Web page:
I went online, talked to many historians and cultural bearers, sought out different perspectives so as to be sensitive to how individuals related to madras. Being from St. Croix and living most of my life here, I still found that there was a lot about Virgin Islands history that I wanted to explore further. We had many meetings and discussions and from there, I began to develop concepts for the design.
As I mulled around various approaches, I realized that the technical aspect also needed to be considered early on in the process. It is a bit contrary to my usual practice. I come from the school of thought of letting creativity flow before getting bogged down in the details. During my early architectural studies at the University of California at Berkeley, we were encouraged to embrace letting your mind go wild on sketch paper first. The technical drawing would come much later. That sometimes led to some awkward moments of proposing a building design that never in a million years could technically be built. Most times, we would just shrug our tired shoulders after an all-nighter and say, "oh, well."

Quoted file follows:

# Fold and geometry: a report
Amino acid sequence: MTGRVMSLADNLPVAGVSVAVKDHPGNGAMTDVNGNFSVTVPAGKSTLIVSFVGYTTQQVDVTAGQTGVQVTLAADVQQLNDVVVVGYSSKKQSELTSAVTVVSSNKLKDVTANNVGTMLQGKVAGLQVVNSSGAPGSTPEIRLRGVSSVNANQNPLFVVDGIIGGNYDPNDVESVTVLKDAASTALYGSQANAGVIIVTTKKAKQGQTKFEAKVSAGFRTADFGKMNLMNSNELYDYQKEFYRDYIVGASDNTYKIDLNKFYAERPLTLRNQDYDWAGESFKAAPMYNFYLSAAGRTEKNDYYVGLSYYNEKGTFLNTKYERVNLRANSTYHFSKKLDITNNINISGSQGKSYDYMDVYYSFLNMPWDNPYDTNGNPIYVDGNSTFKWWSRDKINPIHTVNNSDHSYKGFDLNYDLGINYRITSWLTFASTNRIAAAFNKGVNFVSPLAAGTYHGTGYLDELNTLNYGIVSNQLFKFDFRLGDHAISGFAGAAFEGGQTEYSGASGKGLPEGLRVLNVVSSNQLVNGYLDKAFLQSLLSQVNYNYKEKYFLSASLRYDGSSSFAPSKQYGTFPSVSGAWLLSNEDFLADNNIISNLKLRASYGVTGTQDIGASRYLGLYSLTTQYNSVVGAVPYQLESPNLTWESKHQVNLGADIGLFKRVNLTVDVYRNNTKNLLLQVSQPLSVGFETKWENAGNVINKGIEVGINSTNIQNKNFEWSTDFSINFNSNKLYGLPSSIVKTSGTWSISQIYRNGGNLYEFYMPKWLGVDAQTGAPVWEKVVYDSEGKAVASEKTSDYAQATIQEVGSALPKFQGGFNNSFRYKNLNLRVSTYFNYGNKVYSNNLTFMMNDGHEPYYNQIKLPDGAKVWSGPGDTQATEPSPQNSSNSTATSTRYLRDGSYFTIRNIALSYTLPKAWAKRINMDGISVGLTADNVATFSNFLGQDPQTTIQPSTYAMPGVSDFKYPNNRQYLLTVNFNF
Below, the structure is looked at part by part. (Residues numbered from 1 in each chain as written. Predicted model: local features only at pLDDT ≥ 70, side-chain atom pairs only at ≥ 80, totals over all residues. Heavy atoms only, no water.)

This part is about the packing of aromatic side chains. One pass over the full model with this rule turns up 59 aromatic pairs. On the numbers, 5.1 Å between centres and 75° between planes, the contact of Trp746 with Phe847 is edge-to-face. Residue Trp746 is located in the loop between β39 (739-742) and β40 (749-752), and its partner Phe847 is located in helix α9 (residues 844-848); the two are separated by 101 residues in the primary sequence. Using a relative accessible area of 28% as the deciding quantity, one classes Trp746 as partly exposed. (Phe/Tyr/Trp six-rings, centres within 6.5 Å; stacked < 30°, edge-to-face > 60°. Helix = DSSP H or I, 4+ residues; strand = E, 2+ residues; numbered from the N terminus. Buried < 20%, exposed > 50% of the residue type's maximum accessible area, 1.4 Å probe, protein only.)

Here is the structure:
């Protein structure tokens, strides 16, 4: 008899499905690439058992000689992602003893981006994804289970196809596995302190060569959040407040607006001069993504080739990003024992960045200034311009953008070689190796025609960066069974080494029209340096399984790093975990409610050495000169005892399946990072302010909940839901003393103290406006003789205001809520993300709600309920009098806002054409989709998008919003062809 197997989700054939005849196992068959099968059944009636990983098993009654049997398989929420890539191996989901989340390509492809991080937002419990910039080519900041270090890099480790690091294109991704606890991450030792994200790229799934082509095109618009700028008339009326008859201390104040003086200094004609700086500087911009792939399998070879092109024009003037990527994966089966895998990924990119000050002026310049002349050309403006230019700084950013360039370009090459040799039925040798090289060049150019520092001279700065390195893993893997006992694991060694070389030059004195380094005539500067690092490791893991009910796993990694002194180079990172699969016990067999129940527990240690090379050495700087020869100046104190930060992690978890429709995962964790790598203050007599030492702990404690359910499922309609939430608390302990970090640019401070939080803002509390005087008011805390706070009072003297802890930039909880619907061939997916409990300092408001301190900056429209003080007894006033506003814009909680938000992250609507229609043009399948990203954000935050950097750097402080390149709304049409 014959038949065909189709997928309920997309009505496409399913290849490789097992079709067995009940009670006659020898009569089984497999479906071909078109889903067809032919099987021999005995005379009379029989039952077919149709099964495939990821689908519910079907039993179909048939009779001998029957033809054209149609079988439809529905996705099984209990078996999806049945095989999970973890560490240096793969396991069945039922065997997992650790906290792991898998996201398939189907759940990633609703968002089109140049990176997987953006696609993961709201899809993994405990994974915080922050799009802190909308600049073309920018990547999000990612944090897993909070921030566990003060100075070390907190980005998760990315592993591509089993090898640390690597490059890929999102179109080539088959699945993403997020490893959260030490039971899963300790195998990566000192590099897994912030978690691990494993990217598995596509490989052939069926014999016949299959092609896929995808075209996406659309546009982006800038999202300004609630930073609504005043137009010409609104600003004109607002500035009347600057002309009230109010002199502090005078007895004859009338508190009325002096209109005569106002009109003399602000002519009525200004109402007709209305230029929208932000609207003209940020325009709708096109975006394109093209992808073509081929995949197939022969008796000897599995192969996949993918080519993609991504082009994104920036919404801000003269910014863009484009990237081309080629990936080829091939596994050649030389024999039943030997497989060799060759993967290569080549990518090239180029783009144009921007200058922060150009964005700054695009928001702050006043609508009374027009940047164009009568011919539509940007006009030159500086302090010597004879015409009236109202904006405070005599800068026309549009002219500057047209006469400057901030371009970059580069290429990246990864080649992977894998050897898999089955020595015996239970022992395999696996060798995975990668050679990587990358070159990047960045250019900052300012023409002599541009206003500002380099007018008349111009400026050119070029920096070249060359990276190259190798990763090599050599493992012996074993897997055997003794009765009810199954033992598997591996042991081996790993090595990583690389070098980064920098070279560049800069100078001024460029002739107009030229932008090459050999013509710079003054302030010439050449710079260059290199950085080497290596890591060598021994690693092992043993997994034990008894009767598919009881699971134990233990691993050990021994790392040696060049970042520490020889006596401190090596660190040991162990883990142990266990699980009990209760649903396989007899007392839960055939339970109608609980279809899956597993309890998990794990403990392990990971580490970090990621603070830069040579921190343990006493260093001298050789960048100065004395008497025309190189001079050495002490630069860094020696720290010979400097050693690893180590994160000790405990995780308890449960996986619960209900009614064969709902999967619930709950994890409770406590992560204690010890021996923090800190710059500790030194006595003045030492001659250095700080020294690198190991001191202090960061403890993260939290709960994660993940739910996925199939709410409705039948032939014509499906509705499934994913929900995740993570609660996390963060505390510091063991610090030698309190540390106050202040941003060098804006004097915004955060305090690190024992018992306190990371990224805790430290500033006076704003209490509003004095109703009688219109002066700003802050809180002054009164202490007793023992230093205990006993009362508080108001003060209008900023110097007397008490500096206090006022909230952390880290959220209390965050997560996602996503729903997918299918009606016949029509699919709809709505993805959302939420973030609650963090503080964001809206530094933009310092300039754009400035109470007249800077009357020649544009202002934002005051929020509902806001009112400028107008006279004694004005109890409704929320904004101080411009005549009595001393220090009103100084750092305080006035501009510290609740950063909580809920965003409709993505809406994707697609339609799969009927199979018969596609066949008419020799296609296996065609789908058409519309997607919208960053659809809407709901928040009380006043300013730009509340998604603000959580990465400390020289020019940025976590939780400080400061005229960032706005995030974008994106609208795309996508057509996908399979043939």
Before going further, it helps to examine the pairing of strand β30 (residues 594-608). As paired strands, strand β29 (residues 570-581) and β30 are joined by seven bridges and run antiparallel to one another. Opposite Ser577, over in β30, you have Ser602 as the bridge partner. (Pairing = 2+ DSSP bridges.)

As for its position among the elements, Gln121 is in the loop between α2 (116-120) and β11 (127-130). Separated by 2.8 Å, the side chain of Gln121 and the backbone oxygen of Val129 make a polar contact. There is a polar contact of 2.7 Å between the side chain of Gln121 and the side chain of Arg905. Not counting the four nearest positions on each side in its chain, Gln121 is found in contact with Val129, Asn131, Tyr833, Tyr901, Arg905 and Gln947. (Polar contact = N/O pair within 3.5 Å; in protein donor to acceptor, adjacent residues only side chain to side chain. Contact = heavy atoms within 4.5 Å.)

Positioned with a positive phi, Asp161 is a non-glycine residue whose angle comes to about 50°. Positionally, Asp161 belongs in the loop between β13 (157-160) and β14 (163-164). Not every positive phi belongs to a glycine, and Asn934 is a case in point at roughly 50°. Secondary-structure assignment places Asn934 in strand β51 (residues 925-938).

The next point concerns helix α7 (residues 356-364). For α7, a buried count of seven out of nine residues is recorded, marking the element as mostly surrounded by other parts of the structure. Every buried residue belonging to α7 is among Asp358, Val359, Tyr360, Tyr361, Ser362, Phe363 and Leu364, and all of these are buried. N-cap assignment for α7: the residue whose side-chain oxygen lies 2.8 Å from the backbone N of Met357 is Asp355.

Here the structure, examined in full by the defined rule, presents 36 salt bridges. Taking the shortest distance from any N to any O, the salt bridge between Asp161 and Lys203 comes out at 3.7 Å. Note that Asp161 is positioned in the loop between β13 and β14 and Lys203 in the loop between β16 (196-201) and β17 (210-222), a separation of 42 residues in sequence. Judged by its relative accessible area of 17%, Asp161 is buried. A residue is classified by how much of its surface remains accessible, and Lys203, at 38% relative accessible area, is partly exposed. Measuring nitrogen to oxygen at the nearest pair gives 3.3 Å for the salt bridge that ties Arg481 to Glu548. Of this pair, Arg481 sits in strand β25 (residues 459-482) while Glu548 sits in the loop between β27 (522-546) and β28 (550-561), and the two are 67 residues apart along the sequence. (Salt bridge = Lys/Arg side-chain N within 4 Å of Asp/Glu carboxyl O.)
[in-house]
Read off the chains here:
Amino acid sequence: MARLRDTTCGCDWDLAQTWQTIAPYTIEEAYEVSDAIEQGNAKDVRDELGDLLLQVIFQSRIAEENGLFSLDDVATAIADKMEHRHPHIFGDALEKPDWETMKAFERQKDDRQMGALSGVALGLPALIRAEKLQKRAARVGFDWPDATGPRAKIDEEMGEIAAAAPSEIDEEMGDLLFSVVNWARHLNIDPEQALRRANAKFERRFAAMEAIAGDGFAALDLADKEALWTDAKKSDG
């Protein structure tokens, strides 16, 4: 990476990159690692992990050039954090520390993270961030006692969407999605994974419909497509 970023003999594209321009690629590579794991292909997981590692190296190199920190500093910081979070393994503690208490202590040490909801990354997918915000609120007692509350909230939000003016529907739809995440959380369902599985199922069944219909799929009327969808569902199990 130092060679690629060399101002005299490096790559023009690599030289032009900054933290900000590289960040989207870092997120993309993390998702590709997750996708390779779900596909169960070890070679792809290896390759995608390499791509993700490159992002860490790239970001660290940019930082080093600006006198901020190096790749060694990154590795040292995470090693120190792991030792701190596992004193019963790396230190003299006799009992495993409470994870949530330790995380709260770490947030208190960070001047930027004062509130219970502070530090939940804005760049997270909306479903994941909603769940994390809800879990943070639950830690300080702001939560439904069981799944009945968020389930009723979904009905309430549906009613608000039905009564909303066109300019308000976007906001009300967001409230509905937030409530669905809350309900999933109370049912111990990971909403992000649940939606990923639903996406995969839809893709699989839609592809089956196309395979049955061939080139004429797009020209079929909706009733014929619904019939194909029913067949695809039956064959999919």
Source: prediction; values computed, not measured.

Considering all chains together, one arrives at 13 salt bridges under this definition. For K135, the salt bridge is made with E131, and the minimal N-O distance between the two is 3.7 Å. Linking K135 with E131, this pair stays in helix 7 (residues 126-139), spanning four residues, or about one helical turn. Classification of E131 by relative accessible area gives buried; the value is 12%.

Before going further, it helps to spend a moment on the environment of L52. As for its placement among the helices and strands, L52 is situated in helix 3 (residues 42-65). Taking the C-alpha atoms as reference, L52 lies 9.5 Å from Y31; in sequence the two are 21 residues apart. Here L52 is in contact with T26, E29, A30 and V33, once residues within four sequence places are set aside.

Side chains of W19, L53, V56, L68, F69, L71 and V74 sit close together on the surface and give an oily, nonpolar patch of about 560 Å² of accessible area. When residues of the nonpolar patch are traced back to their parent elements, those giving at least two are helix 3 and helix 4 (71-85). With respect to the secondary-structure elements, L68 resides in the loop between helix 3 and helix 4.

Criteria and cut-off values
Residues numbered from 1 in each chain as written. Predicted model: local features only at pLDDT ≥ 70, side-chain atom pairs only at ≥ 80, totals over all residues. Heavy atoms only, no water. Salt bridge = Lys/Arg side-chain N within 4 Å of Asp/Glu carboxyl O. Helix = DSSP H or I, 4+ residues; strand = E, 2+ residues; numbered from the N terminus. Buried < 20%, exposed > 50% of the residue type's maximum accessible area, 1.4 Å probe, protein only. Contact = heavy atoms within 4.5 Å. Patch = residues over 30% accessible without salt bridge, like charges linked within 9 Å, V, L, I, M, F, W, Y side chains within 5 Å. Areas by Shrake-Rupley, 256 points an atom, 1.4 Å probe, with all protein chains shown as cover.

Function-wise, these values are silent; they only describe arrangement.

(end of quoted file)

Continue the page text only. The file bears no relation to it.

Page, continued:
In the case of designing the madras, however, it mattered. It was even more evident after I was fortunate to visit a working textile factory. It was such an enlightening and fascinating experience to see the mechanics of large looms at work. I brought along with me a sample of my first concept and with their prompting, understood that I would have to adjust my initial approach for the design to work logistically.
With the new information, I went back to the drawing board to map out my concepts. I use the term "drawing board" loosely. For me, it's a series of moments starting from daydreaming, to sketches and doodles in the margins of my notebook and then finally, the computer. My "comfort" program of choice is Adobe Photoshop.
It was quite challenging to translate the spirit of an expressive colorful concept into a simplified linear plaid format. And with the restrictions of weaving a fabric, I knew every element introduced had to be meaningful and intentional.